Dairy prices up strongly again; US service sector strong; Vancouver housing in doldrums; China trims growth target, taxes; RBA sanguine; UST 10yr 2.74%; oil stable and gold drops; NZ$1 = 67.9 USc; TWI-5 = 72.6

Here's our summary of key events overnight that affect New Zealand, with news China has downgraded its 2019 growth aspirations.

Overnight, there was another good dairy auction with prices rising +3.3% overall, and the key WMP price gaining +6.0%. In New Zealand dollars, prices actually gained +4.3%. This is the seventh consecutive rise and brings the 2019 gains to +24%. Volumes offered were normal, and today's rise bolsters the farm gate milk price forecasts most dairy cooperatives have made recently.

Elsewhere in the US, sales of new single-family homes rose to a seven-month high in December, but November's out-sized jump was revised lower, pointing to continued weakness in the housing market. The December tally was -2.4% lower than the same month a year ago.

And updates to the services PMIs were out overnight in the US. Both pointed in the same direction. The ISM one said the expansion was growing stronger. And so did the Markit one. Both have the expansion in the US services at a good level. These rises moved the US dollar higher.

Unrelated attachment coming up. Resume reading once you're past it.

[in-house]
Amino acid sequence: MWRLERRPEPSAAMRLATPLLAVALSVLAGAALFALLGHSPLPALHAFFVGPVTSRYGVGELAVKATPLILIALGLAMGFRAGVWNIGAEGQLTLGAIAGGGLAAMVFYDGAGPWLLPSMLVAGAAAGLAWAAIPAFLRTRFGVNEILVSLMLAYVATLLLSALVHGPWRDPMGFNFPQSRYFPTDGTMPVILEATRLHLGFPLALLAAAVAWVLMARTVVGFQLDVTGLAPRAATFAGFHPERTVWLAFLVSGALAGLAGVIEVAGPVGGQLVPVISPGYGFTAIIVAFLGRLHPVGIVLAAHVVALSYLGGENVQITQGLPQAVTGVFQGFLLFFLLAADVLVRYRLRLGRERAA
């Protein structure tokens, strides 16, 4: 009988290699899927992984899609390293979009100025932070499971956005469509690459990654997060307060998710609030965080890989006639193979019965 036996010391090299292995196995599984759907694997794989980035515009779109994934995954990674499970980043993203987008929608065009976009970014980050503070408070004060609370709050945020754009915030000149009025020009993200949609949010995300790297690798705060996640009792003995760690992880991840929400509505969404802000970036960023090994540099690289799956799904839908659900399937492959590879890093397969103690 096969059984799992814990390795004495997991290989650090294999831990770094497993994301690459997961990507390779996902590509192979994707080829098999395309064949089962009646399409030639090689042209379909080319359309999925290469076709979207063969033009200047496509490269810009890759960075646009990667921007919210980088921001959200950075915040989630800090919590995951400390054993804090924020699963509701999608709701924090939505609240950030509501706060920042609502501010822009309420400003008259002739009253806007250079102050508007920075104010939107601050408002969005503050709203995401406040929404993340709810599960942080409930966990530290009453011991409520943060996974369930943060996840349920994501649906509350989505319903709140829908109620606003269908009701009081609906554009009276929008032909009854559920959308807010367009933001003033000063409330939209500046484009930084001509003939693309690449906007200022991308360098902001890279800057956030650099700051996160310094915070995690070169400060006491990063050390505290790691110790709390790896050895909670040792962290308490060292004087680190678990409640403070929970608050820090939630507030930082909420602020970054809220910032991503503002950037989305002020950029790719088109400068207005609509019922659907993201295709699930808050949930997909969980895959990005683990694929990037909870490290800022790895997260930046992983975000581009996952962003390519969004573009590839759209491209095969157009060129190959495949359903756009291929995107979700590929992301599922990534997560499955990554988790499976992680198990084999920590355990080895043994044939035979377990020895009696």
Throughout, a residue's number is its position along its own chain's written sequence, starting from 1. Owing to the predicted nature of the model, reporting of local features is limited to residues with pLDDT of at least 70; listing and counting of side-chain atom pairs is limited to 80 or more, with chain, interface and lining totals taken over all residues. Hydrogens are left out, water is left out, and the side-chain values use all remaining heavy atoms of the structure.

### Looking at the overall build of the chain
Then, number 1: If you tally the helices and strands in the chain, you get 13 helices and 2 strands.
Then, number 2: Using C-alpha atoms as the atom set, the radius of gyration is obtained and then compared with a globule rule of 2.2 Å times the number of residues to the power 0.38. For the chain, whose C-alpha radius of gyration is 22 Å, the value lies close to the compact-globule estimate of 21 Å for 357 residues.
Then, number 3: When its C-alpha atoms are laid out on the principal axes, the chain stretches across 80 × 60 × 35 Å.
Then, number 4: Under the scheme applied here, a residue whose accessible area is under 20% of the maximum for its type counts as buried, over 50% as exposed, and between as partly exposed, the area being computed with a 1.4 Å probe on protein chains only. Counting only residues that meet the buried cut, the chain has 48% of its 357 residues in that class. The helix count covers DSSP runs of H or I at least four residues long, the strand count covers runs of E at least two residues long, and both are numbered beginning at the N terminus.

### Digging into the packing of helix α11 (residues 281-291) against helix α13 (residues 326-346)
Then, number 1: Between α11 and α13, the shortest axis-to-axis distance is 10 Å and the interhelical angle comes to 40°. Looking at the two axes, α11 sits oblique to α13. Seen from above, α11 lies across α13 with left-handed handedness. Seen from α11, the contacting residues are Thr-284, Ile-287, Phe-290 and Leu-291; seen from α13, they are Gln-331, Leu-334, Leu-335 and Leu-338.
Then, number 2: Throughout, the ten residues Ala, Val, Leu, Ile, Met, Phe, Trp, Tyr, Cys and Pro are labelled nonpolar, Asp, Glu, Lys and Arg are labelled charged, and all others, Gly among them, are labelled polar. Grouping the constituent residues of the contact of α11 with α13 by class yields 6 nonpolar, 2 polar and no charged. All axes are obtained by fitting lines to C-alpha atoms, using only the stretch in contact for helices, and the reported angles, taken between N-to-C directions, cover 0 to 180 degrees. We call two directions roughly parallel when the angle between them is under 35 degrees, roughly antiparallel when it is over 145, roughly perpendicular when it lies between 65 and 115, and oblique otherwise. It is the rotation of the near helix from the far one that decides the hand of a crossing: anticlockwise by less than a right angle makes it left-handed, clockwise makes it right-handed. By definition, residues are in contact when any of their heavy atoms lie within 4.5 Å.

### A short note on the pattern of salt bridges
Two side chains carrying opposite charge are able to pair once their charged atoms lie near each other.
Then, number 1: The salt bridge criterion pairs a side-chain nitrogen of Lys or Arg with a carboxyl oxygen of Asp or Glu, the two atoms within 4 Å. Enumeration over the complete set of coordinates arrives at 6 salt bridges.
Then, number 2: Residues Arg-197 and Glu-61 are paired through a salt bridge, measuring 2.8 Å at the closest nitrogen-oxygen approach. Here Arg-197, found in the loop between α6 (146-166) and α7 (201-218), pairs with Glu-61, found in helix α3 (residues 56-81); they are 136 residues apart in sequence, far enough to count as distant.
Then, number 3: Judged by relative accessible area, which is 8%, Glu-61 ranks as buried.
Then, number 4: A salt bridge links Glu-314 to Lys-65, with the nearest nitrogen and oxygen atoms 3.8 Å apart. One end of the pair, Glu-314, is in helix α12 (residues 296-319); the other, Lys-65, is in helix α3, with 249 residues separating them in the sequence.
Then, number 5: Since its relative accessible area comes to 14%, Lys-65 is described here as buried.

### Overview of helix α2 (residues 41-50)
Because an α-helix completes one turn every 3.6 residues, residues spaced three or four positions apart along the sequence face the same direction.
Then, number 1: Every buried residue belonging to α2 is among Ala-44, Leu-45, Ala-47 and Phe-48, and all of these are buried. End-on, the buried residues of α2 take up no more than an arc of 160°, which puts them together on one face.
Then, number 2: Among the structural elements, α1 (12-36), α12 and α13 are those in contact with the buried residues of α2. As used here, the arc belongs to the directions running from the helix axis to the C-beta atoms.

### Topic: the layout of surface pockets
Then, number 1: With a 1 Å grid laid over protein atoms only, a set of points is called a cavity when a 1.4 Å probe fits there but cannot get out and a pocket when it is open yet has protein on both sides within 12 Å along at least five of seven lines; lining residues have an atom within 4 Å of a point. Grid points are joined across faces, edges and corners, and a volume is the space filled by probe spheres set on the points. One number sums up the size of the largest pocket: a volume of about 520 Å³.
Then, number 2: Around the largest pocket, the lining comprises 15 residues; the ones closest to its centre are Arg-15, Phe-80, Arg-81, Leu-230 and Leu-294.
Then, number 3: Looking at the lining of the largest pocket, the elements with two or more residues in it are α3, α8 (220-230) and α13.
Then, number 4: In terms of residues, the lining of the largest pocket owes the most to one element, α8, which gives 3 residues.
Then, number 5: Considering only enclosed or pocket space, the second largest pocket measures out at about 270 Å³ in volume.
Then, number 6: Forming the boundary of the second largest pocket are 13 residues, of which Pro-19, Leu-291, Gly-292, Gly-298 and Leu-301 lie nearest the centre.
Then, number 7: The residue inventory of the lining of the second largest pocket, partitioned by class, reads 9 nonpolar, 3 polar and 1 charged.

In Washington, the Administration has signaled it will scrap India’s and Turkey’s participation in a privileged trading program that allows certain developing economies to avoid tariffs on some exports to the US.

In Vancouver, sales of residential housing has reached its lowest level in more than a decade. In fact, sales are more than one third lower than the same month a year ago.

Mexico consumer confidence rose much more than expected and to its highest level since this metric has been measured in a record that goes back 18 years.

Amid slowing growth, China's premier has announced that they will spend about +10% more on rail infrastructure in 2019 as part of its growth-enhancing stimulus program. That involves a spend on these rail projects alone of NZ$175 bln.

And that slowing growth has brought another unexpected boost. They are to cut taxes and fees by NZ$440 bln to prop up growth by encouraging more economic activity. A cut was expected but this is larger than most analysts estimated.